POETRY REVIEW: Ask Baba Yaga

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Title: Ask Baba Yaga by Taisia Kitaiskaia
Genre:  Poetry/Self Help
Rating:  ★★★ (3/5)

Ask Baba Yaga imagines what it may be like if Baba Yaga, a fearsome and ancient witch from Slavic folklore, got hold of a typewriter and started cryptically answering the pleas for advice piling up on her doorstep. Existential crises, career crossroads, and love woes alike are stabbed at with incisive prose-poem responses juxtaposed with illustrations in stark colors. Sometimes the responses as earthy and pragmatic, other times they are macabre parables; oftentimes they are inscrutable recipes the reader is not yet wise enough to understand.

As an ambitious young woman navigating the briers of a mid-life crises and the tangled road of true love, I’m pretty sure I am Ask Baba Yaga’s target audience. I often felt like I had survived a number of strange woodland trials and had been granted a single boon by Kitaiskaia’s prickly personae, who hacks away at the weeds of mundane life with strange misspellings and turns of phrase. Some of the questions and metaphors felt repetitive by the end of the book, which ran a little long for my tastes in poetry. It’s also possible that older readers might find Baba Yaga’s advice more suitable for a younger set who are still being battered about by self-doubt and new love, but I think that people from all walks of life can glean a little wisdom, and maybe a few spells, from between the pages of Kitaiskaia’s book.

 

Ten Top Titles in Progressive Christian Nonfiction

A few days ago, an anoymous reader asked me over at Millennial Gospel if I knew of any books in a similar vein of progressive, experimental, grassroots theology. While I’m not as well-versed in Christian nonfiction as I would like to be, I do read an awful lot of it, and thought I would point you all towards the best of what I’ve read in the genre.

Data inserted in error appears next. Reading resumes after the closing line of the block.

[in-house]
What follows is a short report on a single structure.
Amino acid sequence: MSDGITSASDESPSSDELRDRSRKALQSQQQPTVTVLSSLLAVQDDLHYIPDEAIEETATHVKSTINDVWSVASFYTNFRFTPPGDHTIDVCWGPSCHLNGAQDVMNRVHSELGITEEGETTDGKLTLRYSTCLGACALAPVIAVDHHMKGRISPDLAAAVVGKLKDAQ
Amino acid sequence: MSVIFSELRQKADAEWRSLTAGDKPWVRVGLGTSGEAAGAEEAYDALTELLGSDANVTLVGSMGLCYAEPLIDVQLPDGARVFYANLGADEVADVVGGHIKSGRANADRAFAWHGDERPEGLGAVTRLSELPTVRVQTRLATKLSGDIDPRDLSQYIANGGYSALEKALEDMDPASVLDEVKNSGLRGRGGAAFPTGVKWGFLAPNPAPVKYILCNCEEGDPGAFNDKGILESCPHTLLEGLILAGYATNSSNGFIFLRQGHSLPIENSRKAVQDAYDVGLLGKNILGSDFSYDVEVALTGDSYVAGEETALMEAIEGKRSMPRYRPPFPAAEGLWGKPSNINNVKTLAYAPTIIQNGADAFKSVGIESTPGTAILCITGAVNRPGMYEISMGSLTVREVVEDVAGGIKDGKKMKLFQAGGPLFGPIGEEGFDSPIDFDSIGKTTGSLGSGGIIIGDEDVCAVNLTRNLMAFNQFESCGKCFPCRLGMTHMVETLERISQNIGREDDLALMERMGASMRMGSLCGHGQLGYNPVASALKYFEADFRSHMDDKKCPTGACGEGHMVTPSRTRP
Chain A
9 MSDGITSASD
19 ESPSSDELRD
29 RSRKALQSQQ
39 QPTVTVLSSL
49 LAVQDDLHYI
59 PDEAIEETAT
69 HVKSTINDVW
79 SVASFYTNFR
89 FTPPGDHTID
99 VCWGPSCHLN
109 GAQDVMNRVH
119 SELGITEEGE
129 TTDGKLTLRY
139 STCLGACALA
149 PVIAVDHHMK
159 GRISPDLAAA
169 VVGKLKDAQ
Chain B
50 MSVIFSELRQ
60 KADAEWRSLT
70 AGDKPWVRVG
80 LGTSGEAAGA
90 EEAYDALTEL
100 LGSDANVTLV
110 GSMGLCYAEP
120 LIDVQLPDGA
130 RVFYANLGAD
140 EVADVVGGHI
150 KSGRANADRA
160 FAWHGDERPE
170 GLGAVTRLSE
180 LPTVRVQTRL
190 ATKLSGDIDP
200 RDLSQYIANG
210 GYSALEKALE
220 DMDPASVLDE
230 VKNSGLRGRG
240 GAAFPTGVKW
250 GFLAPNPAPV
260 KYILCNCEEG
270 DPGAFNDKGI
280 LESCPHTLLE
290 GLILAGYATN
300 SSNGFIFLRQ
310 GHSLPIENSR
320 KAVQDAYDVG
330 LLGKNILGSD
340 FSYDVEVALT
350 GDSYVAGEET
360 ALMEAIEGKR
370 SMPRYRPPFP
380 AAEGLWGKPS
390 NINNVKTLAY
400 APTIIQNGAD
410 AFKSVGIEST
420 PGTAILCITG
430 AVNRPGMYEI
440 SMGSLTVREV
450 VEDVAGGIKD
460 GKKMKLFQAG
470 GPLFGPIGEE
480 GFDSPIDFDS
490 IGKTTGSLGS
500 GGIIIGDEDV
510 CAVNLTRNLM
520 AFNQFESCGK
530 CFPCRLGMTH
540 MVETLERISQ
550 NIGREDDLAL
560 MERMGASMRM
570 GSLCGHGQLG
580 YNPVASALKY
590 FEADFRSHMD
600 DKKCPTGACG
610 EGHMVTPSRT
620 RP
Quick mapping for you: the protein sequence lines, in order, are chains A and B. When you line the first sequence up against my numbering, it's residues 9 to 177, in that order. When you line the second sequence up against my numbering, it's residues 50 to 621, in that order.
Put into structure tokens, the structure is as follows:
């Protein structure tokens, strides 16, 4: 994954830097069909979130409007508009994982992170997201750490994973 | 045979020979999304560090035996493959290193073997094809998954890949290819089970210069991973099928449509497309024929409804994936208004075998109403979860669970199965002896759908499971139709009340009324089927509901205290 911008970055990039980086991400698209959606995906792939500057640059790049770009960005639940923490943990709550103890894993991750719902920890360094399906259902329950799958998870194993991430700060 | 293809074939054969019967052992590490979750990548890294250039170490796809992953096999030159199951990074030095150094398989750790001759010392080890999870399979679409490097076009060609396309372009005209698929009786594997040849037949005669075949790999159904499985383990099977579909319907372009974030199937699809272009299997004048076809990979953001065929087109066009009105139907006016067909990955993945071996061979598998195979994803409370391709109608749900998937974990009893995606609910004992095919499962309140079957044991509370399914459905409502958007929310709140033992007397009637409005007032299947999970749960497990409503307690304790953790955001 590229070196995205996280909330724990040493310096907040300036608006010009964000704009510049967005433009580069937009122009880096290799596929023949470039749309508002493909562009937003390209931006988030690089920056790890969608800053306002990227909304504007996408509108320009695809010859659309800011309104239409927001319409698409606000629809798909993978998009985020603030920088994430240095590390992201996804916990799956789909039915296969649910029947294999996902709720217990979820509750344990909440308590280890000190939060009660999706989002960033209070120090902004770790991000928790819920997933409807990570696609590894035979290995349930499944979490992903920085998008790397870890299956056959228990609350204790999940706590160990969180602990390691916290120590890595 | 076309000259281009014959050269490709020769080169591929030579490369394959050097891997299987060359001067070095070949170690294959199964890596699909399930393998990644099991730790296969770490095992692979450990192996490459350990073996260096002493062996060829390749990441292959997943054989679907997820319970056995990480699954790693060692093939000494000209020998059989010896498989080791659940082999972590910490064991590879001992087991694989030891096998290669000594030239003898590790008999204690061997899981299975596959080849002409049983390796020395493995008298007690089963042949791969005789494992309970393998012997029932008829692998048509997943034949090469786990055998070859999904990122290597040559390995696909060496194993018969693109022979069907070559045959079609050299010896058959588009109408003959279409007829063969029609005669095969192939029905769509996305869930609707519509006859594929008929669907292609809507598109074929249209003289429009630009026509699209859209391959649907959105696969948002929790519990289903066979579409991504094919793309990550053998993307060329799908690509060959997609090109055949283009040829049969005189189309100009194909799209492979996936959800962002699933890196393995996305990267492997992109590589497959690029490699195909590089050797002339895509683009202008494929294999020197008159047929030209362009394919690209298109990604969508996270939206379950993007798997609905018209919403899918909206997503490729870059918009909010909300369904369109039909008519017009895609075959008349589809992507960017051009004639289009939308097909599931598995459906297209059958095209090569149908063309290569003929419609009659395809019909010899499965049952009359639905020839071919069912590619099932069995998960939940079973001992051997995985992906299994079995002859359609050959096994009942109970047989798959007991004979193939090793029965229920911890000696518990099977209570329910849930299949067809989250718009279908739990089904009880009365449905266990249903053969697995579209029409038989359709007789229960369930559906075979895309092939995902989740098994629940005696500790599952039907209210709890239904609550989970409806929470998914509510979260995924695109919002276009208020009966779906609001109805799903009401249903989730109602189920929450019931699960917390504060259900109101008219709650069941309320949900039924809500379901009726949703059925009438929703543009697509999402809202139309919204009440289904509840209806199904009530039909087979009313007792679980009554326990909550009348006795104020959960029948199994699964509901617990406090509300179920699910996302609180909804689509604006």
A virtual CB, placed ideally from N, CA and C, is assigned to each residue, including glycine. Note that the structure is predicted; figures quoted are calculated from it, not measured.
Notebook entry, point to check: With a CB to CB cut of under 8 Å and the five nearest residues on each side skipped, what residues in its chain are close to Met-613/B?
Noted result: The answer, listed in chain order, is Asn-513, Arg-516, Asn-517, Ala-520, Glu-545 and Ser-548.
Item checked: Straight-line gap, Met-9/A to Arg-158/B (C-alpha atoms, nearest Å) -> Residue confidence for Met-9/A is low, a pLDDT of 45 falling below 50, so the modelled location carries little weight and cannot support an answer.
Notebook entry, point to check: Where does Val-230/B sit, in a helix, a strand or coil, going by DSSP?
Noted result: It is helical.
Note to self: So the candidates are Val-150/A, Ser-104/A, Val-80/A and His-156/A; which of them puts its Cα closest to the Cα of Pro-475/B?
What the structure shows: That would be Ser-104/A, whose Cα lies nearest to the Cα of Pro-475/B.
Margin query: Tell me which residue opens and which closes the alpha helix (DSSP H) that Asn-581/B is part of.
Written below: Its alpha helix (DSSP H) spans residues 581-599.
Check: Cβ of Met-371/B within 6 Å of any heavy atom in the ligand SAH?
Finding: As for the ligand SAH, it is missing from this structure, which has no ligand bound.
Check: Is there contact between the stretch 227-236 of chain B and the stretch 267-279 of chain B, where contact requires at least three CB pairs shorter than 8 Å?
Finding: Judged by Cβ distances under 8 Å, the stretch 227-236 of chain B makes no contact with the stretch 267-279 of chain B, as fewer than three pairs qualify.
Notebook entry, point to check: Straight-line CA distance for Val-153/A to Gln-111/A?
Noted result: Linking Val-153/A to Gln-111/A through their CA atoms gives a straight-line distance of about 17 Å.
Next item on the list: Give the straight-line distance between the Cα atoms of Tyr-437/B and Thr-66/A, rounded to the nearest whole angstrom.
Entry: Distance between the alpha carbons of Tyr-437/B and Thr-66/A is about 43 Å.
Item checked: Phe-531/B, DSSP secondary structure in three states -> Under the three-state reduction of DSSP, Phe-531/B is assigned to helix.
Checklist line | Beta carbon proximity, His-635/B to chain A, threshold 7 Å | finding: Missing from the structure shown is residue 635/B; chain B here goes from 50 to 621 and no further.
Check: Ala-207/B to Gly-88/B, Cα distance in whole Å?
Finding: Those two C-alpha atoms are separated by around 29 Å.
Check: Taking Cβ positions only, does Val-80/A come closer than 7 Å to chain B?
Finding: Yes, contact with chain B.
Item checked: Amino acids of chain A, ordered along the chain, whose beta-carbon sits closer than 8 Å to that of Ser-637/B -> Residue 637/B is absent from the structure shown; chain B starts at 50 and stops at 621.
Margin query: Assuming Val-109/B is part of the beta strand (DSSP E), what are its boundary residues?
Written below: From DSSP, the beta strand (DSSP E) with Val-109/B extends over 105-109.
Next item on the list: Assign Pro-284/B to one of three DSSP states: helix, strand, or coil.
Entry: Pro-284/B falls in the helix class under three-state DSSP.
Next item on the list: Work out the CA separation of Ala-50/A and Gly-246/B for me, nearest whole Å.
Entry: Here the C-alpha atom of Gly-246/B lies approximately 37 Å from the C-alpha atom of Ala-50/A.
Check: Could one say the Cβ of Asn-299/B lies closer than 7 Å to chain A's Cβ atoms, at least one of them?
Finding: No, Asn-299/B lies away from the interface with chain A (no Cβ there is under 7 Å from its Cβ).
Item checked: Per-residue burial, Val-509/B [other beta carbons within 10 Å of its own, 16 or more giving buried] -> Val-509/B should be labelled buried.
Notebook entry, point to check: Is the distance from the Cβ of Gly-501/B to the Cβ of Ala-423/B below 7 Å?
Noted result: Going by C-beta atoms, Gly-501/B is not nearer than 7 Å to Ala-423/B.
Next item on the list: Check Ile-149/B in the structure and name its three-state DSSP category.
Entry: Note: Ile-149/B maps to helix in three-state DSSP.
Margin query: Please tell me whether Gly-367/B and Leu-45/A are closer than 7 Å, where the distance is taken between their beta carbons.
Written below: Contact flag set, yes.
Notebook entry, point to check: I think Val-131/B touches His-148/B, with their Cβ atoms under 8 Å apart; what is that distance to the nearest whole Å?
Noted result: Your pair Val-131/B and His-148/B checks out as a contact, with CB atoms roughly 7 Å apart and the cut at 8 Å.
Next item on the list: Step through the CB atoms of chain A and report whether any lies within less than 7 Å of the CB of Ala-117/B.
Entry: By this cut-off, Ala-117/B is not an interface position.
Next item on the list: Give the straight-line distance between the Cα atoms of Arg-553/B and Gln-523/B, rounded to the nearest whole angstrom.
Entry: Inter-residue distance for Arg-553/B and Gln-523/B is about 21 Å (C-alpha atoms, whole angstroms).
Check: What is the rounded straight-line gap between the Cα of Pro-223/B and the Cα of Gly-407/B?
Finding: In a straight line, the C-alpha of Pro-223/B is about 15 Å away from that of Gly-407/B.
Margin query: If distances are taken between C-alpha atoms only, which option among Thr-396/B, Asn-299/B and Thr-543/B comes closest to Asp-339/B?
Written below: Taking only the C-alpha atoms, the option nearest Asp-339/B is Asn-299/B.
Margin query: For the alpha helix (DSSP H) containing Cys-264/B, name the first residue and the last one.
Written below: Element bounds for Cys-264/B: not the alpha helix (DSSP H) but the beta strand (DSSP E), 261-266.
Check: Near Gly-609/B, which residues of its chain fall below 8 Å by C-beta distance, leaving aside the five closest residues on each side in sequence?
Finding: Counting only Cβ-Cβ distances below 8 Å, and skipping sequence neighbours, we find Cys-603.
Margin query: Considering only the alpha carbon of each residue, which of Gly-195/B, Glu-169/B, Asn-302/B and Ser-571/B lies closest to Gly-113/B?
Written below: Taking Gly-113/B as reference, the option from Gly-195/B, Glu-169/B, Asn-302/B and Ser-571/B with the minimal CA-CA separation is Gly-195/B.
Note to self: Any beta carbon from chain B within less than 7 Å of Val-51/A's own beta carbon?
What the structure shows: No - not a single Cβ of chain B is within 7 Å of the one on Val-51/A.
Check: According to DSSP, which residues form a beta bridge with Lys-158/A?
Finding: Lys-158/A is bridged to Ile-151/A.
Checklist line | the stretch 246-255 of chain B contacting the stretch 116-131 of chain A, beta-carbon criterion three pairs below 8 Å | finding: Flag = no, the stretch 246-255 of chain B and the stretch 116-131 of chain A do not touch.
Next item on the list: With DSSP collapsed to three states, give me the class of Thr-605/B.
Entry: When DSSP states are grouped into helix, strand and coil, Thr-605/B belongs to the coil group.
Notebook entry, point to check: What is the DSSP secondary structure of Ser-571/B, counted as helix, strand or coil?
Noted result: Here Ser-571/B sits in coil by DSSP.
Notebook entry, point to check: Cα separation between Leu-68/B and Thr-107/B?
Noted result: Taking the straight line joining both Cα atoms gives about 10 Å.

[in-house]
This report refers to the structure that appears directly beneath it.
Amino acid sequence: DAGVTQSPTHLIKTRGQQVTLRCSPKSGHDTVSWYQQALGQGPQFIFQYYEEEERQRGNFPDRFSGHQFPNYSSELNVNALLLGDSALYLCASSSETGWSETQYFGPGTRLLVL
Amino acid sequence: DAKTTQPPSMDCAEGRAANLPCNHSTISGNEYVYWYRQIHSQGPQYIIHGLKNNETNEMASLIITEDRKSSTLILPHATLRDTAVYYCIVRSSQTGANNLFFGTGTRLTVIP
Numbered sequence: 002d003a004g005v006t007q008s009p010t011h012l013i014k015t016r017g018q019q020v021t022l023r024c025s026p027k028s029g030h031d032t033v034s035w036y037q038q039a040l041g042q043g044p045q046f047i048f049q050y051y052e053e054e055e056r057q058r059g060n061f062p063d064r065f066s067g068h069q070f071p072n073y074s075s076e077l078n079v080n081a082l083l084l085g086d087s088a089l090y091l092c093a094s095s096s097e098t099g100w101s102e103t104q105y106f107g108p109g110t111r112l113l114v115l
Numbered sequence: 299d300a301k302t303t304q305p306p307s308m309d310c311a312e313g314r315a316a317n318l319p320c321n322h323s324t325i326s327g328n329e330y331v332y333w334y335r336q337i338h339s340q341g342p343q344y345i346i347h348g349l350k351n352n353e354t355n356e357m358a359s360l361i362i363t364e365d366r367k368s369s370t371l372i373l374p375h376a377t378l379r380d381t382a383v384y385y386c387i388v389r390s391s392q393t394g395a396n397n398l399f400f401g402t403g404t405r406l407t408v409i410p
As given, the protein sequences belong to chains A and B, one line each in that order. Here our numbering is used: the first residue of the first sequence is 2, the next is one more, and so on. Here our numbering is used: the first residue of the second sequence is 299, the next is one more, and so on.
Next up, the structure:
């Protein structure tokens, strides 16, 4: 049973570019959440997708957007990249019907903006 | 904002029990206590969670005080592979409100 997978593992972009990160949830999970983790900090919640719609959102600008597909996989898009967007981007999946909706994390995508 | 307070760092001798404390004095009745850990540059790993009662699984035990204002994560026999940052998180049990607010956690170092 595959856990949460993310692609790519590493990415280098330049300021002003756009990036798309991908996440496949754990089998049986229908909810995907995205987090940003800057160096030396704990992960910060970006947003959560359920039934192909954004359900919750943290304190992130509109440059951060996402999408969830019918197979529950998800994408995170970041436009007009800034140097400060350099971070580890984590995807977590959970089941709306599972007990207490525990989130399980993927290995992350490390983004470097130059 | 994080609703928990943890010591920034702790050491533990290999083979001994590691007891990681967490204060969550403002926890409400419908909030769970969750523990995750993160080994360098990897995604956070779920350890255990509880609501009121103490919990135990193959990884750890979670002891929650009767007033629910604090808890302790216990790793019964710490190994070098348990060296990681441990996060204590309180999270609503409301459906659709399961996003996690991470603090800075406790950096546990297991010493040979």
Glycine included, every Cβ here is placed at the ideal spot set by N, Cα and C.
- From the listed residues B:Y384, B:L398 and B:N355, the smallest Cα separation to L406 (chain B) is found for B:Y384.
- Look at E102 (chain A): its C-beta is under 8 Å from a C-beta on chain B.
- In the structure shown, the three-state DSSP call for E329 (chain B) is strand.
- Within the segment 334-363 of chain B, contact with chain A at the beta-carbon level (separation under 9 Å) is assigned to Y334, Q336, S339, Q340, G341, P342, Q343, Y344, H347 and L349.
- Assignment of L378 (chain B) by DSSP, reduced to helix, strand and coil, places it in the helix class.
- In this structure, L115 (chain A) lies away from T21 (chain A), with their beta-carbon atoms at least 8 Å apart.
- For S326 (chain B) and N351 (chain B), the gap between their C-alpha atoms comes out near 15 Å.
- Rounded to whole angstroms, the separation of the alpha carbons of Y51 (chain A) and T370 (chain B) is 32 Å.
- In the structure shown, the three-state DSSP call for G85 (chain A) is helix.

I read heaps of spiritual memoir, which is where I find the most authentic, gritty accounts of faith in a postmodern world.

  •  Rachel Held Evan’s Searching for Sunday accounts her journey out of evangelicalism and her wrestling with faith in the Episcopal church
  •  Nadia Bolz Weber’s Pastrix is the story of a rough, addicted, tattooed woman finding God and becoming one of the most unorthodox and celebrated pastors on the Lutheran scene right now
  •  Donald Miller’s Blue Like Jazz is a classic work of “emergent” Christianity, and shares the story of his chaotic, beautiful re-discovery of a God who had disappointed him in childhood
  •  Christian Wiman’s My Bright Abyss is a prose-poetry story of struggling towards the ineffable Divine in a life of academia, love, and illness.

For those interested in progressive, Biblical perspectives on gender and sexuality

  • Mark Labberton’s Understanding Gender Dysphoria: Navigating Transgender Issues in a Changing Culture covers the science of gender dysphoria, different theologies of difference and inclusion, and treatment options for trans youth all from a moderate, Christ-centered perspective.
  • Sarah Bessey’s Jesus Feminist is an affirmation of the God-given dignity and power of women told in a bounteously grace-filled, warm tone that invites both men and women into God’s vision for equality
  •  Mark Gushee’s Changing Our Minds and Matthew Vines’ God and the Gay Christian for those seeking a Biblical, ethical, and sociological defense of the inclusion of partnered LGBTQ folks in the kingdom of God

Budding theologians will enjoy

  • Richard Rohr and Mike Morrel’s  invitational exploration of the mystical, relational Trinity in The Divine Dance
  • The more ambitious should pick up Elizabeth Johnson’s She Who Is: The Mystery of God in Feminist Theological Discourse, after which you may never need another defense of the feminine face of God.

I read a lot of  political theology and liberation theology for graduate school, but I would not wish 45 page academic articles on you guys! That said, I do really like

  • Lammin Saneh’s Whose Religion is Christianity: The Gospel Beyond the West, which explores the theological and cultural shift of Christianity to the global East and South, and unpack colonialism, western guilt, and new trends in Christianity in a conversational, question and answer format.

But I’ll keep my eyes peeled for any accessible introductions and point them your way.

What other titles in progressive Christianity do you consider essential? Comment with your favorites and I’ll add them to my TBR!